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ISSUES IN GIFTED EDUCATION: SECOND LANGUAGE LEARNERS Goal 5 – Parents will become an integral part of the gifted and talented dual language immersion project. To build parent-school bridges, a Connecting Worlds/ Mundos Unidos parent advisory council plans parent training sessions and guided discussions to address ways to effectively parent gifted and talented children. In addition, program orientation sessions and research on second language acquisition are provided to the parents.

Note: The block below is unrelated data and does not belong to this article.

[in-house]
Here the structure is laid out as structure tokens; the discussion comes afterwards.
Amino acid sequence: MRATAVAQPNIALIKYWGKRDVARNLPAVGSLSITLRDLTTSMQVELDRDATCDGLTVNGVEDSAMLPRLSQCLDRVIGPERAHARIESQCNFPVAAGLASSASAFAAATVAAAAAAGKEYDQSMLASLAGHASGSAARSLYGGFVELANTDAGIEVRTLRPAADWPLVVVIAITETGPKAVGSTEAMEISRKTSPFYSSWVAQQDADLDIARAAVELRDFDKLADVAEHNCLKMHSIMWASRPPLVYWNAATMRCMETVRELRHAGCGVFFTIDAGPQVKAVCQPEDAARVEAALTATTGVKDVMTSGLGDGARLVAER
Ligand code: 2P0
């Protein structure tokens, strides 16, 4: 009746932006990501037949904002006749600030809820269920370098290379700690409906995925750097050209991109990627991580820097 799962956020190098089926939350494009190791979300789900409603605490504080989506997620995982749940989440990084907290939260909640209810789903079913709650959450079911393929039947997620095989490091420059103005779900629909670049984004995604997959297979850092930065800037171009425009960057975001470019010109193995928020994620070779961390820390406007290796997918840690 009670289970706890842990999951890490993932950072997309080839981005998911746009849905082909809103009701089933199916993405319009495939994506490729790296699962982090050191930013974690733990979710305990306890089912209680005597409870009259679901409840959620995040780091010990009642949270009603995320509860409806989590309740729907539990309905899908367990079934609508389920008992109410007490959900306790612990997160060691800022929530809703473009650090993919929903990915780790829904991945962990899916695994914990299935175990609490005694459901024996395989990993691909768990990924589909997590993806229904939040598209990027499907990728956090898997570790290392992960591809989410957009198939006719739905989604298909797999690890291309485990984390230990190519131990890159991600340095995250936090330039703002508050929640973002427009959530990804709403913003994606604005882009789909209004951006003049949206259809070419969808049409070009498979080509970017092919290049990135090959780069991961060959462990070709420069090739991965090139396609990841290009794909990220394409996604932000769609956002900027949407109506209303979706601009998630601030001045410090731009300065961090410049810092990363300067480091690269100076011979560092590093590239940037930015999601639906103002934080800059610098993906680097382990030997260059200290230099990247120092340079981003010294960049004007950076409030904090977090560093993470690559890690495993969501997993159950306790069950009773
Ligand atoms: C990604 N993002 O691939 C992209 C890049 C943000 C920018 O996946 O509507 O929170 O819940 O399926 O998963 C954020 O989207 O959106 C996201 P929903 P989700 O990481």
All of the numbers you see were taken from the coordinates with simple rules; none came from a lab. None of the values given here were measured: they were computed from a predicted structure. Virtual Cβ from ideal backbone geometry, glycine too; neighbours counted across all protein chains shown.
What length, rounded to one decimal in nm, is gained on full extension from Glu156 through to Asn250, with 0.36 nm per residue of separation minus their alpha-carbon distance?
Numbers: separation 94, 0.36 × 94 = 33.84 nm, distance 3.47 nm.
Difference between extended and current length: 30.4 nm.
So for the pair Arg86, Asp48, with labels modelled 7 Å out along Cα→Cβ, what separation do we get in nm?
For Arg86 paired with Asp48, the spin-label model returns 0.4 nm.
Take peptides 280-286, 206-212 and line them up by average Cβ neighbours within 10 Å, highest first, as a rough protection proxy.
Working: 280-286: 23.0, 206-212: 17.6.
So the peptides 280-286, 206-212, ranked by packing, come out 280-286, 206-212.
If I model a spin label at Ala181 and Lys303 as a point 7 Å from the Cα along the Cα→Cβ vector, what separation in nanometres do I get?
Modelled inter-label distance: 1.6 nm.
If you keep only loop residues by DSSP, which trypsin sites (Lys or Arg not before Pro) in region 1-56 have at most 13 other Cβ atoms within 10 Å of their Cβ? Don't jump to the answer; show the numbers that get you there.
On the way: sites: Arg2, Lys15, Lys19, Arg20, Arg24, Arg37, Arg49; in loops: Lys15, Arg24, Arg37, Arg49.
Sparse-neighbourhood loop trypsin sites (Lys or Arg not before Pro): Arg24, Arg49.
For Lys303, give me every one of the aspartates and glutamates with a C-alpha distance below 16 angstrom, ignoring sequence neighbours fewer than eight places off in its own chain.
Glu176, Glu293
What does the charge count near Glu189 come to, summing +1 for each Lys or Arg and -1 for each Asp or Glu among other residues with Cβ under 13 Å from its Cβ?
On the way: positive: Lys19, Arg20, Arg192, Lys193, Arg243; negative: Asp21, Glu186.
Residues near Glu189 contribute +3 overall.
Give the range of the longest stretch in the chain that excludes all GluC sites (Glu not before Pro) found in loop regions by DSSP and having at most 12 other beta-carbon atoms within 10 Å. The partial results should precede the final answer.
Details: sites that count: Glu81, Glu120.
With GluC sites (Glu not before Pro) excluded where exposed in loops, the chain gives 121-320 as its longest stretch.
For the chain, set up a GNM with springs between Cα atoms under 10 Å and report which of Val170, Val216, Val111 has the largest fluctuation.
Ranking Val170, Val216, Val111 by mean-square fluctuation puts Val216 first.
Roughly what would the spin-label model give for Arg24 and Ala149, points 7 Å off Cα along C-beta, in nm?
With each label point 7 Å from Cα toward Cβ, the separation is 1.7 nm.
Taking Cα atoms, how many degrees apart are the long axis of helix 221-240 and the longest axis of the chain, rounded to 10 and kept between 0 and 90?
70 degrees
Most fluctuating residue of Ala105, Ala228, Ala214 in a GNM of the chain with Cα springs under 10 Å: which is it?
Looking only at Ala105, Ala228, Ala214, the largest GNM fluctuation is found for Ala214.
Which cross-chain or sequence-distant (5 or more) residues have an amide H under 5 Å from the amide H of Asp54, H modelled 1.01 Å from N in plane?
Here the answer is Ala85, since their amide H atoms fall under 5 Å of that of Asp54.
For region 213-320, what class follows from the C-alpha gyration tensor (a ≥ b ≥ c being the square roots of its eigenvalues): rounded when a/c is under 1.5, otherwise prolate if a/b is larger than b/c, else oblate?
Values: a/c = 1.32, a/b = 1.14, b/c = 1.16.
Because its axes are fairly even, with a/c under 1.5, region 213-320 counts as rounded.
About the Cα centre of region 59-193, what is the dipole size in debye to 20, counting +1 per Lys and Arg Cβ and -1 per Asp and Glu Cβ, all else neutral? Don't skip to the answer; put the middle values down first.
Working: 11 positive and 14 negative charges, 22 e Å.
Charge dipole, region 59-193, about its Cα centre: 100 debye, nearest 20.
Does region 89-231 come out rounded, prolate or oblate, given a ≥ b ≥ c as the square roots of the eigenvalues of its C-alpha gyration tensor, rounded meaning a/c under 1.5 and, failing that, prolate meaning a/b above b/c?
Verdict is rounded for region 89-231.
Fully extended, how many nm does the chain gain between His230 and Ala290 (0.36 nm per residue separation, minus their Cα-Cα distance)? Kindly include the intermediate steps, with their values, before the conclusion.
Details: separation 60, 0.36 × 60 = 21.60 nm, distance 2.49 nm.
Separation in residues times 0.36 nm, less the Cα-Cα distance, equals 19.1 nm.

plishments are high scores on the Stanford 10 and Aprenda 2 achievement tests which demonstrate proficiency in both languages and Commended Performance on all the TAKS tests taken in the 5th grade. A very distinguished award given to only one fifth grade student at the end of the year is the Daughters of the American Revolution (DAR) Award. This award recognizes the student for high levels of academic performance, leadership, and citizenship. Anita was the recipient of this prestigious award in front of her very Goal 6 – All students will develop positive cross-cul- proud and deserving mother. tural appreciation and diversity. Gifted English Language Learners are partnered with gifted Spanish Lan- Anita’s story demonstrates the Connecting Worlds/ guage Learners to assist and support each other while Mundos Unidos program’s capacity to nurture the selflearning in a second language. Opportunities to de- confidence, motivation, interests, and abilities of gifted velop multicultural appreciation and respect are pro- children, even when those children face economic and vided through the use of a variety of literature, materi- social hardships. When asked how she manages to als, and activities. Program students celebrate family motivate her children to perform well in school detraditions that include Mexican, Guatemalan, Chinese, spite the obstacles, Anita’s mother responded that she Italian, British, Jewish, and Middle Eastern cultures. encourages them to use their God-given ability so they can enjoy a better life. Her words of encouragement Goal 7 – Program information and successes will be reflect the commitment of the stakeholders in the Condisseminated. necting Worlds/Mundos Unidos Jacob K. Javits Grant An implementation guide and program information are Program to enable our brightest students to reach their provided to educators who visit the program classes full potential. Indeed, our gifted children are part of and as part of sessions presented at gifted and talented our diversity, our treasure. and bilingual education conferences. A team of teachers and administrations are collaborating on the development of a web site to promote replication of the Fara Green, Director of Gifted and Talented Educaprogram. tion in the El Paso Independent School District, serves at the Project Director for the Jacob K. Javits Grant Goal 8 - High school students will be provided the Program. opportunity for dual enrollment courses and third language studies. During their junior and senior years, Sandra Spivey, formerly a Connecting Worlds/Mundos program students are encouraged to pursue the Distin- Unidos program teacher, serves as the Jacob K. Javits guished Achievement Program. Plans are in place for Grant Program Coordinator. them to participate in the Junior Scholars Program at UTEP that includes dual enrollment courses, some of which are delivered in Spanish. Anita, quiet and well-liked by her peers and teachers, continues to excel academically in both languages. As part of a fifth grade "Class President" project, Anita’s classmates voted for Anita to run as one of the candidates for president. Among her many academic accom-